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String Class vs. Microsoft.VisualBasic Namespace - Part III

August 15th, 2007

scaleIn this third and final article we will finish up our comparision of the System.String Class to the string functions in the Microsoft.VisualBasic Namespace. If you would like to read the previous articles, read Part I here and Part II here.

Split and Join

These handy string functions move a delimited string to an array or vice versa. Both the System.String and Microsoft.VisualBasic Namespace have these functions available. Is there any reason to prefer one method to the other?

In performance testing, the VB functions lag behind. They’re 40-50% slower than the System.String functions. It looks like this is primarily due to them doing costly object conversions rather than using only straight string values. When we look at the available overloads the System.String functions have the VB version beat there as well with the ability to exclude blank entries and to use an array of delimiters.

When it comes to these functions, System.String is clearly a better choice for your development needs outside of importing legacy code. Even then, there is a significant performance improvement to be found by switching to the new .NET method.


Len, another classic BASIC function, returns the length of a string. System.String has the Length property that provides the same information. Is one better than the other?

Performance-wise, these two functions show little difference over 1000’s of iterations. There doesn’t appear to be any reason to prefer one over the other in this case plus there is no functional difference. I’m kind of partial to using the property value rather than the VB function since it encourages thinking of .NET strings as objects. However, at the core, it’s really only a personal preference thing.


Replace does what it says, it replaces one character, or group of characters, in a string with a replacement string. How do our two namespaces match up with this function?

The performance test showed that the System.String function was about 7-12% faster than the VB function. If you’re doing a replace over many iterations, this means that there is some performance value to using the .NET String function.

When we look at overloads, the Microsoft.VisualBasic Replace has optional parameters for the start, count, and compare method that the System.String version doesn’t have. If your replacement logic needs these additional parameters, then it’s probably worthwhile to consider using this version of the function.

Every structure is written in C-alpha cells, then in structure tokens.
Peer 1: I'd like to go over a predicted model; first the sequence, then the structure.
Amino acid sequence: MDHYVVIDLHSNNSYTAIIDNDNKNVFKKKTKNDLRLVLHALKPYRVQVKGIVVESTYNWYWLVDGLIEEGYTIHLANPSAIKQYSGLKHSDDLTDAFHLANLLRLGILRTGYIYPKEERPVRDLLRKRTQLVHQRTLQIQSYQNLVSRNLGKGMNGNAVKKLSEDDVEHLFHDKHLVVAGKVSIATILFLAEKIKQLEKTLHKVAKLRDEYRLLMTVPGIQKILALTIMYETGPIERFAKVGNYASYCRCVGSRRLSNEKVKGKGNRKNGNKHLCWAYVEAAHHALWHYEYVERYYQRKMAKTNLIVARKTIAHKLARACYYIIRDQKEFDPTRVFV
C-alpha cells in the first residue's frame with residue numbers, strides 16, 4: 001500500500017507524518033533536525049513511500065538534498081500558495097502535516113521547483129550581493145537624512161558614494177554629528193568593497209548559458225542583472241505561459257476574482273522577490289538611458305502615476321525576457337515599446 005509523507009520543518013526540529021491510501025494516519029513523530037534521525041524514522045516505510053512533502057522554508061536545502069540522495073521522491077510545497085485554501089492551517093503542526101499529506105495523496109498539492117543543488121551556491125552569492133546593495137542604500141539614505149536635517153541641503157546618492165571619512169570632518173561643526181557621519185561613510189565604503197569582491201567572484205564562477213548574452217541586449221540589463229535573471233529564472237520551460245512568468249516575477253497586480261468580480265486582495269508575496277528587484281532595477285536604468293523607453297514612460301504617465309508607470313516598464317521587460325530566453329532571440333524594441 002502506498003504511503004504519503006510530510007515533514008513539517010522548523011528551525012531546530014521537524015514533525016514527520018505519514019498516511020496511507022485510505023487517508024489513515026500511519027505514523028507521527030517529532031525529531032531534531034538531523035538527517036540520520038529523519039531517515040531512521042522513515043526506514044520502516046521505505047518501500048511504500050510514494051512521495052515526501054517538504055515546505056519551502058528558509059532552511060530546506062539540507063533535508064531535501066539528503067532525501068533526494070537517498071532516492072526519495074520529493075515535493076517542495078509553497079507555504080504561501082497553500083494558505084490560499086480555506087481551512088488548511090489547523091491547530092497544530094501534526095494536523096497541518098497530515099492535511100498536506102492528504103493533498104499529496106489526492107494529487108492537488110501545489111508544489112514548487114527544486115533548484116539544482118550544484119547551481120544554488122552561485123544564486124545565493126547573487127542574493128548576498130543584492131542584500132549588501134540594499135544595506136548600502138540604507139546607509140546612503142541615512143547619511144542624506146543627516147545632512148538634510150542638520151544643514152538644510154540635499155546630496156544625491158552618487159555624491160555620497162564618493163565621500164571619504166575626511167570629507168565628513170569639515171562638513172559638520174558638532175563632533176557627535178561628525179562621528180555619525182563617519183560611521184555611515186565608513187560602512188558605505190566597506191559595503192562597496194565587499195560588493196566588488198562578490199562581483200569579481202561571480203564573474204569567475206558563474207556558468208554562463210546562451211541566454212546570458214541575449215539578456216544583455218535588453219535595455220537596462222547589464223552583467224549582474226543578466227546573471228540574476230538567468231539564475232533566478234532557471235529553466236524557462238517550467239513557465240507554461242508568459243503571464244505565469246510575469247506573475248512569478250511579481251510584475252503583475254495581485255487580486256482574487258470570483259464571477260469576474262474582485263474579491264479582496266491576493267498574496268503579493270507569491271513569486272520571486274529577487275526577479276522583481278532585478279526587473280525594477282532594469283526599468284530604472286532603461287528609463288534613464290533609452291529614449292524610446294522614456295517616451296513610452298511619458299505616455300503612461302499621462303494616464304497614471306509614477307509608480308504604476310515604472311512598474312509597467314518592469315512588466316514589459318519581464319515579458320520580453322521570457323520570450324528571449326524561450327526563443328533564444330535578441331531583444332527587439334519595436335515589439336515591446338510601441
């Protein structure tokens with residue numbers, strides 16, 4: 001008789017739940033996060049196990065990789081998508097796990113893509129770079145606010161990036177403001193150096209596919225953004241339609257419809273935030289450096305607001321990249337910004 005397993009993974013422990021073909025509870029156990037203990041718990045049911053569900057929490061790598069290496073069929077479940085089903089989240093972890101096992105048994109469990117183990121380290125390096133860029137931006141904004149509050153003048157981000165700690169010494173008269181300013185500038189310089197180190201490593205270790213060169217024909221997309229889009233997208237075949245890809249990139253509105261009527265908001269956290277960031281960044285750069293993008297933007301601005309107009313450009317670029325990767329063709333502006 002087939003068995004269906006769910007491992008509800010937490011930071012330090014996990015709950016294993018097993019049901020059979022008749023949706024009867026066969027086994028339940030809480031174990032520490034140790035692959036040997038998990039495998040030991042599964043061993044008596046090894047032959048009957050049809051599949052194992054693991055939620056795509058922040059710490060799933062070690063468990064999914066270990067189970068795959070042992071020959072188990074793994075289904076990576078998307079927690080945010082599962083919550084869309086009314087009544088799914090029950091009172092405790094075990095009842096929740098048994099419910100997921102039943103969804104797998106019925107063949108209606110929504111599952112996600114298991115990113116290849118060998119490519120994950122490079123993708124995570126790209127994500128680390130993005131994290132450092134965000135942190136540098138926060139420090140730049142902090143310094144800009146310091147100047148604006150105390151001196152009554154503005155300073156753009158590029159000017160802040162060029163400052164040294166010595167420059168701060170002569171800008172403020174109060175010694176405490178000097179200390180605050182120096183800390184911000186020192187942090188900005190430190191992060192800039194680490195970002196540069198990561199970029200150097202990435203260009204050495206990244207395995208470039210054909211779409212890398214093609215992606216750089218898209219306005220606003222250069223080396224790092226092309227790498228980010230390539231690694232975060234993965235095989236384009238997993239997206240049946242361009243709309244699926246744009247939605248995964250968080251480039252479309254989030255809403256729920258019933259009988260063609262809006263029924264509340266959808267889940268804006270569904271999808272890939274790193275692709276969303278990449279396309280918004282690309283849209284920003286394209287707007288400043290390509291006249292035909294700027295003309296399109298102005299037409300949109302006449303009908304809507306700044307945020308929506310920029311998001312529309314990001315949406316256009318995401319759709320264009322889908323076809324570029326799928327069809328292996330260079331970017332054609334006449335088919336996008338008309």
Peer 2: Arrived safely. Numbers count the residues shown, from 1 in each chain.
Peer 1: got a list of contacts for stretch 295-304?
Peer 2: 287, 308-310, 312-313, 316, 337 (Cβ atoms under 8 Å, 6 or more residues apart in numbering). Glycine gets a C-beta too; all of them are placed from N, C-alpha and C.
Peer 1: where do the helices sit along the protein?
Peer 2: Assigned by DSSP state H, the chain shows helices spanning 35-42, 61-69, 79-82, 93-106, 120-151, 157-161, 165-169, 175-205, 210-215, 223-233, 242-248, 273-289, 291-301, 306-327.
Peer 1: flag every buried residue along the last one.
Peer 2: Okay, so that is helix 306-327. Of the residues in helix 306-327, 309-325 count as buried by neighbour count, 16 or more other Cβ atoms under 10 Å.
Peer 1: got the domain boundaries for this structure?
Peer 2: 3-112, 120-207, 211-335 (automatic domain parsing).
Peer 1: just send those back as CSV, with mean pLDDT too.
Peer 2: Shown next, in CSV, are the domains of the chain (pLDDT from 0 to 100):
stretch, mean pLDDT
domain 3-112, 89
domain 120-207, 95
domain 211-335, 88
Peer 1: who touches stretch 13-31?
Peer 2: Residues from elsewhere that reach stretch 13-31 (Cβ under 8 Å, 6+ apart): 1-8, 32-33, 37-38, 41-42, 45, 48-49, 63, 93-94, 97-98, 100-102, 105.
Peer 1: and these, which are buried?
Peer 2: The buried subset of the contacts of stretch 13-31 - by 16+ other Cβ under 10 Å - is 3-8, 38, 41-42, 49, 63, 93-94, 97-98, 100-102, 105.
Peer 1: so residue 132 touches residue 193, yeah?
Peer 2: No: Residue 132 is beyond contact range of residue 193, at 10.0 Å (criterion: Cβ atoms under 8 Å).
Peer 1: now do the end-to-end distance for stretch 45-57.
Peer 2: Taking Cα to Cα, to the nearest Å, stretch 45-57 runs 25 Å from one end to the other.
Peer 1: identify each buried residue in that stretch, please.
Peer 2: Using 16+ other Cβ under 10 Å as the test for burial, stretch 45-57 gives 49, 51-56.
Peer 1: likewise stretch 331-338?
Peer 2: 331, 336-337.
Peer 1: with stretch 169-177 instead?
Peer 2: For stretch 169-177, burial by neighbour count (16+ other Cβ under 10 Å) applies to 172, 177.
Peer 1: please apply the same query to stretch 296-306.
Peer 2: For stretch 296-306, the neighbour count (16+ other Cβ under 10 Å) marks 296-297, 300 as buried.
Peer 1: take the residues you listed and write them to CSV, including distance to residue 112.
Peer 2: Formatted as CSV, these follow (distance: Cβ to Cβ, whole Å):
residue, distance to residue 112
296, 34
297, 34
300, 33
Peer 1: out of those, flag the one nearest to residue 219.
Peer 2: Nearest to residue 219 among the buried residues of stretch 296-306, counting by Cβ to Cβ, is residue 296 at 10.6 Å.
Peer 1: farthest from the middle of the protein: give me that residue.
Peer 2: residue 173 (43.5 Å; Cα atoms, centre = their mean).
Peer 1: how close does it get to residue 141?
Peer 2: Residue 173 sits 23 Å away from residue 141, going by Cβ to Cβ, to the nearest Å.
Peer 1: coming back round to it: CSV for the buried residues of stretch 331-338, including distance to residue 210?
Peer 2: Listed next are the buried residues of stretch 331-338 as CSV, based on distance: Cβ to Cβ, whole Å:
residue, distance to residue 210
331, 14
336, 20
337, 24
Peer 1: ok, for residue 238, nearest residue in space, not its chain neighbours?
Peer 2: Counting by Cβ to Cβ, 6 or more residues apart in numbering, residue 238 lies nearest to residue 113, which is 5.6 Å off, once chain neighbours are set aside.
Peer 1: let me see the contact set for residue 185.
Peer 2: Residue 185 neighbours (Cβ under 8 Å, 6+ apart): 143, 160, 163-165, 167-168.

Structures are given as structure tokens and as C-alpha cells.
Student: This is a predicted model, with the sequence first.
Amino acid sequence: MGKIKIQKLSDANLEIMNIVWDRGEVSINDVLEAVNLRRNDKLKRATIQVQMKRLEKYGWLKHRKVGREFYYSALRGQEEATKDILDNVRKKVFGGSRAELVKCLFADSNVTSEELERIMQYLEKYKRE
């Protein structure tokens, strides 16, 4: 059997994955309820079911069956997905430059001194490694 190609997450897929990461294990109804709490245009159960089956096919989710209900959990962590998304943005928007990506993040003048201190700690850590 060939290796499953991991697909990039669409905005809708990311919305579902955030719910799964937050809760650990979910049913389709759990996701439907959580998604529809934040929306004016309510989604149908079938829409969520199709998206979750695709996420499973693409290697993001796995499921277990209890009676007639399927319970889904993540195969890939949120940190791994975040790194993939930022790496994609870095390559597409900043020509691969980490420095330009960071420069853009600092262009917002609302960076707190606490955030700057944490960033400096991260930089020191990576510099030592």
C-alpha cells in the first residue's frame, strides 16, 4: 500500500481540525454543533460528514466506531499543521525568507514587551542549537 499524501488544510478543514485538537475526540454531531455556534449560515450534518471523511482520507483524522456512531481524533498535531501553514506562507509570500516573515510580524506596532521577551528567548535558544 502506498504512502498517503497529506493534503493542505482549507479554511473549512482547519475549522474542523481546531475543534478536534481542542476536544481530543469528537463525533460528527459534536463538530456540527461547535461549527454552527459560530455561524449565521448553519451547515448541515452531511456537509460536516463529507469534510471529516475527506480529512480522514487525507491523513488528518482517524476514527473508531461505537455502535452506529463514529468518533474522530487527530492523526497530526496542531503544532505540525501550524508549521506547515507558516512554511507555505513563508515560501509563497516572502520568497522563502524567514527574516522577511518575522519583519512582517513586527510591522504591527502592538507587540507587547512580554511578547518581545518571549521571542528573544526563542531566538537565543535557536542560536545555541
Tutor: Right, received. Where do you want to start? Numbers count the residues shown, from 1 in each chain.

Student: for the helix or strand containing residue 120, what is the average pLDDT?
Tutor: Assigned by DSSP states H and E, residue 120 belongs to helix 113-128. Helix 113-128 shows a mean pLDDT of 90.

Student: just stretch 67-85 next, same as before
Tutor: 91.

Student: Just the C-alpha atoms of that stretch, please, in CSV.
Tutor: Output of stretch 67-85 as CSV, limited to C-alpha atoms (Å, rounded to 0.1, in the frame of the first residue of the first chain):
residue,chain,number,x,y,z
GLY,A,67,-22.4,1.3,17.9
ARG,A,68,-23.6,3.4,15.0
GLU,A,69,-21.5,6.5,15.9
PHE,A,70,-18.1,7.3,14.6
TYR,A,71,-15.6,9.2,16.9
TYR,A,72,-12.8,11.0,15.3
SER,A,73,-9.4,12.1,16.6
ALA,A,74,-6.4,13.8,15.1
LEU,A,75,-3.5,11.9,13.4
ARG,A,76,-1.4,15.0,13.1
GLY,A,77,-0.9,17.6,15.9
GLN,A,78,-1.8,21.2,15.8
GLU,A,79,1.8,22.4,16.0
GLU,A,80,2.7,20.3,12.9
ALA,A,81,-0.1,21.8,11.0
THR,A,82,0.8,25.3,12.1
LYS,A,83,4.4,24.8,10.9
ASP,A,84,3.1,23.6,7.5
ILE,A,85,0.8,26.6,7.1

All in all, which one to use in this case depends on your needs. If you need speed, System.String is the ticket. If you need flexibility, Microsoft.VisualBasic provides it.

Space and StrDup

Space is another venerable BASIC function that’s used to generate a blank, space-filled, string. You may also remember its cousin, String$, that filled in any character in the same manner. This function isn’t in .NET, of course, since it would conflict with the String class. Instead, it has been replaced with the StrDup function. The equivalent System.String function to these two methods is using the New method to generate the string, like so:

Dim HundredSpaces As String = New String(" "c, 100)

Where the first parameter is the character value to use (note the c suffix on the string to define it as character value, not string) and the second is the length. Note that unlike the Space function, you can specify any single character or an array of character values.

Now, let’s see which one performs the best. The performance of both methods is virtually identical. No performance penalty is incurred by using the Microsoft.VisualBasic functions. In fact, in some testing, StrDup outperformed New String and Space by about 10% while in other tests they were dead even. Perhaps the StrDup function is implemented differently.

When we look at the overall functionality there are some factors that lean toward using StrDup. It accepts both Char and String values, thus reducing the need for conversion and/or clumsy array syntax. It will do object conversion internally, if you’re running without Option Strict on (not recommended). Plus, its performance is good. Of course, it is a rather obscure replacement function so you may find that sticking with .NET String functions is better than having to explain what it does each time.

That’s all for this series of articles comparing System.String to Microsoft.VisualBasic string functions. Please let me know what you think by leaving me a comment.

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Entry Filed under: VB.NET Tutorials

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